The day started off slowly for our little group of four. Nat and Benji both had spent the entire previous night having Adventures With Gin, and so neither of them seemed inclined to actually imitate life till nearly midday. Nevertheless, we ignored Nat’s bruising (she’d tried to fit through a coat hanger at some point), found the car keys, and by noonish were on our way to Ireby Fell. Gamble drove us, as we had unanimously decided that whether Benji and Nat were still half drunk or half-hungover, they really shouldn’t be behind the wheel.
We arrived in the allotted parking space and found ULSA there as well, preparing to go down the same cave. I feel like it should be noted here I don’t know a single thing about ULSA, (still don’t tbh, they’re from Leeds, right?) and I’m pretty certain I had never met a single member before that moment, but there they were, ULSA exists. Pretty sure I still haven’t actually spoken to any of them. Gamble, Nat, and Benji did know them however, and after talking it out we agreed that we would let them go ahead of us, rigging the cave, and we would follow later and de-rig on our way out. This allowed us to sit around, admiring the sheep and the sky for about 40 minutes or so and listen to Benji’s pained exclamations of “I will never drink again”.
A little while later, to the tune of Nat’s classic battle cry “I hate caving” we suited up and began the walk to the cave. It was a long walk. Uphill. I passionately hate walking uphill and my damn wellies were two damn sizes too small. Natalie, of course, took great delight in my misery. (Though to her credit she did offer to trade boots with me. Her boots were the same size though).
Benji took the lead going into the cave, down a short ladder, and we began to descend, making progress in a decently timely fashion. The first part of the cave mainly consisted of a few short pitches and a little bit of traversing. As this was only my second cave trip to involve SRT, I had a good bit of fun swinging through some of the parts. Once we had finished with the ropes bit, we began walking/crawling, following the stream through its tiny underground canyon. Nat serenaded us with all manner of singing as we trundled through. Overall a pleasant, if pretty wet, experience. My feet eventually adjusted to the too small boots, or maybe they just went numb from circulation loss, but either way I got used to it.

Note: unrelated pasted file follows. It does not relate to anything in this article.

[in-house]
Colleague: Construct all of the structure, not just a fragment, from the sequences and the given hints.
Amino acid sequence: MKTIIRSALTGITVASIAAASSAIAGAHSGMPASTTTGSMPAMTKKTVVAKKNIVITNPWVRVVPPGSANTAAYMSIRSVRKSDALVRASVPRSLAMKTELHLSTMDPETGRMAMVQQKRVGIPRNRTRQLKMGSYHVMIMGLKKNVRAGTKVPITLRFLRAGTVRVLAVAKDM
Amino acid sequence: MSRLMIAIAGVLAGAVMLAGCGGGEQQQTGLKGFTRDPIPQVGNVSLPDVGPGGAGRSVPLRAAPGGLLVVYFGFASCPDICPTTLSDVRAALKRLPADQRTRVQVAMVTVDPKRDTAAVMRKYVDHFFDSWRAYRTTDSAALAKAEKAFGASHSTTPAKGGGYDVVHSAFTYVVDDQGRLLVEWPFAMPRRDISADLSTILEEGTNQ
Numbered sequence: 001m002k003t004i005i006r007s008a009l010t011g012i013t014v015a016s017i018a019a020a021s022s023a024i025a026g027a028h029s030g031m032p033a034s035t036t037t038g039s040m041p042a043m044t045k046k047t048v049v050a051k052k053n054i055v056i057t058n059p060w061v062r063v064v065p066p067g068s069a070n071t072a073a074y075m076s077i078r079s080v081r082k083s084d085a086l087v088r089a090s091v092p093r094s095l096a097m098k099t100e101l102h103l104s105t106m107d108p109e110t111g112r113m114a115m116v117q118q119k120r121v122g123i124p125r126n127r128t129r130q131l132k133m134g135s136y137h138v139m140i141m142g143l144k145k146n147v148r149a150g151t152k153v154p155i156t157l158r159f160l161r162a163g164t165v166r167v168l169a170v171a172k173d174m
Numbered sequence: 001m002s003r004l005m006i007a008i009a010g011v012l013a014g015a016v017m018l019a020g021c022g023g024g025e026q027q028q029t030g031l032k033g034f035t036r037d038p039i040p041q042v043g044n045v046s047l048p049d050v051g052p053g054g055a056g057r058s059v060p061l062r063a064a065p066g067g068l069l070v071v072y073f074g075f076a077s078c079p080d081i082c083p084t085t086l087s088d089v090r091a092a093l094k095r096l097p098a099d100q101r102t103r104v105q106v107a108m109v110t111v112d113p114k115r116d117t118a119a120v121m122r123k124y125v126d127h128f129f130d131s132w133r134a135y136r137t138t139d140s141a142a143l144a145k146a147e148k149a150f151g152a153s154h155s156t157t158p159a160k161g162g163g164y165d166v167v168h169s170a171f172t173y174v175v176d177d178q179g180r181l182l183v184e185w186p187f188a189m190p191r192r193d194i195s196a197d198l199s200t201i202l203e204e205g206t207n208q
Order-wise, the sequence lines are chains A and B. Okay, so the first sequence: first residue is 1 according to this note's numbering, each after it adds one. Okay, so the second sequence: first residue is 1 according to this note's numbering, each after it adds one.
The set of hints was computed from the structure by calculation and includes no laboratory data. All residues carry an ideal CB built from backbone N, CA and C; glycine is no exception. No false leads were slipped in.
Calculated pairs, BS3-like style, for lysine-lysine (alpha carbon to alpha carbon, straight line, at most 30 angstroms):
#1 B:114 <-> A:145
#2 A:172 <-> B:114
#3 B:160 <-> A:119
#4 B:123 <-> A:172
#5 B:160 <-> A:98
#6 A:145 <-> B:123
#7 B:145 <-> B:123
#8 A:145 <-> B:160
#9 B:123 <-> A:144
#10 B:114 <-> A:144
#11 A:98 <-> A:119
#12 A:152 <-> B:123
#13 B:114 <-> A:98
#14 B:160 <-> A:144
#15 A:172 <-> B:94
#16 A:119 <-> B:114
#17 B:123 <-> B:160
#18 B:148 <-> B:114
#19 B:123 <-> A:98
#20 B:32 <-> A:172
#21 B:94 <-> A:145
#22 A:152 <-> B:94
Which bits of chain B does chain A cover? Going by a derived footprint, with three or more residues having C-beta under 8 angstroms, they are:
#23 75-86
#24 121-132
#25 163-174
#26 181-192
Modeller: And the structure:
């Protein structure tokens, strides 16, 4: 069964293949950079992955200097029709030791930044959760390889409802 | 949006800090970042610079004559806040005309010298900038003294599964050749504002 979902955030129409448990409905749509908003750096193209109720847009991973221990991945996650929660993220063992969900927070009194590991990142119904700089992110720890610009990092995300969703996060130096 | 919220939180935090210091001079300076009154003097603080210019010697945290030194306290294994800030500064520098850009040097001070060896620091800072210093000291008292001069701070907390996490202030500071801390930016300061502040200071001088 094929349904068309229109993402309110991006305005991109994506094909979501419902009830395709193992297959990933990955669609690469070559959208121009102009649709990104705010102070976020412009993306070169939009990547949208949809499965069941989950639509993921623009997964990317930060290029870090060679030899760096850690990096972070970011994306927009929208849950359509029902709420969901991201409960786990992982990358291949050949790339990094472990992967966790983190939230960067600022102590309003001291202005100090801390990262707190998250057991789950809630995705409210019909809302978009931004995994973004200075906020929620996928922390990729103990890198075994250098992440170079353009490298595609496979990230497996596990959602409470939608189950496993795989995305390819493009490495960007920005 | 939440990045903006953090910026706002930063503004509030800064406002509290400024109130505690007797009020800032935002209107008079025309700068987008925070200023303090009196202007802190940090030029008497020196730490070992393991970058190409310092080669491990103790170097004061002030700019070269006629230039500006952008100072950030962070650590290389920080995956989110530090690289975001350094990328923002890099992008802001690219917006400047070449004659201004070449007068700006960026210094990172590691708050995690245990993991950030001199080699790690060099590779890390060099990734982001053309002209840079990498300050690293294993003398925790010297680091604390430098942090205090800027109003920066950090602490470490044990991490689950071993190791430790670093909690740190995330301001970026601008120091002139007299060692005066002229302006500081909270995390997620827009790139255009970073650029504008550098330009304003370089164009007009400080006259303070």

Much to our surprise, we eventually caught up with none other than ULSA, again. We met at a junction, where apparently, if I understood correctly, their man who knew the way through the cave had somehow gotten ahead and not told the rest of his party behind him which way to take. Benji knew the way though and was still with us, so our smaller party darted past them into the correct passage and carried on. We ran into the ULSA leader a short bit later (just out of earshot from the junction), who had been waiting for his group to catch up. He had built a little ineffective dam in the meanwhile, and asked us where everyone was. We advised him to go back and get them.
We eventually reached the end of non-divable cave, and took a short rest in the final chamber, staring at a sump. Then it was back out again, passing ULSA again on the way. We realized much to our delight that we wouldn’t even have to de-rig the cave now, as ULSA would be the last ones out.
The prusik out marked the first time I had properly gone up a length of rope in a cave, but with only some small snafus of Nat dropping a tackle sack down a pitch, Nat’s foot jammer breaking, and my chest strap coming undone midway through a prusik, we made it out of the cave in a good amount of time. I heartily enjoyed the swingy bits again, and thankfully, the walk from the cave to the car was all downhill now. Unthankfully, it was muddy and slippery and it was less walking and more sliding and tripping downhill (gravity is a painful law to follow sometimes). Gamble and Benji had no trouble with it and had a good laugh at Nat and I sliding everywhich way in the dark.
We unsuited with great haste as the weather was less then ideal at that point, and we may or may not have moved the ULSA vehicle from it’s original parking spot and into a bush, but we had plenty time to stop for curry (and more alcohol for Benji) on the way back and all was warm again because the BPC hut has under-floor heating.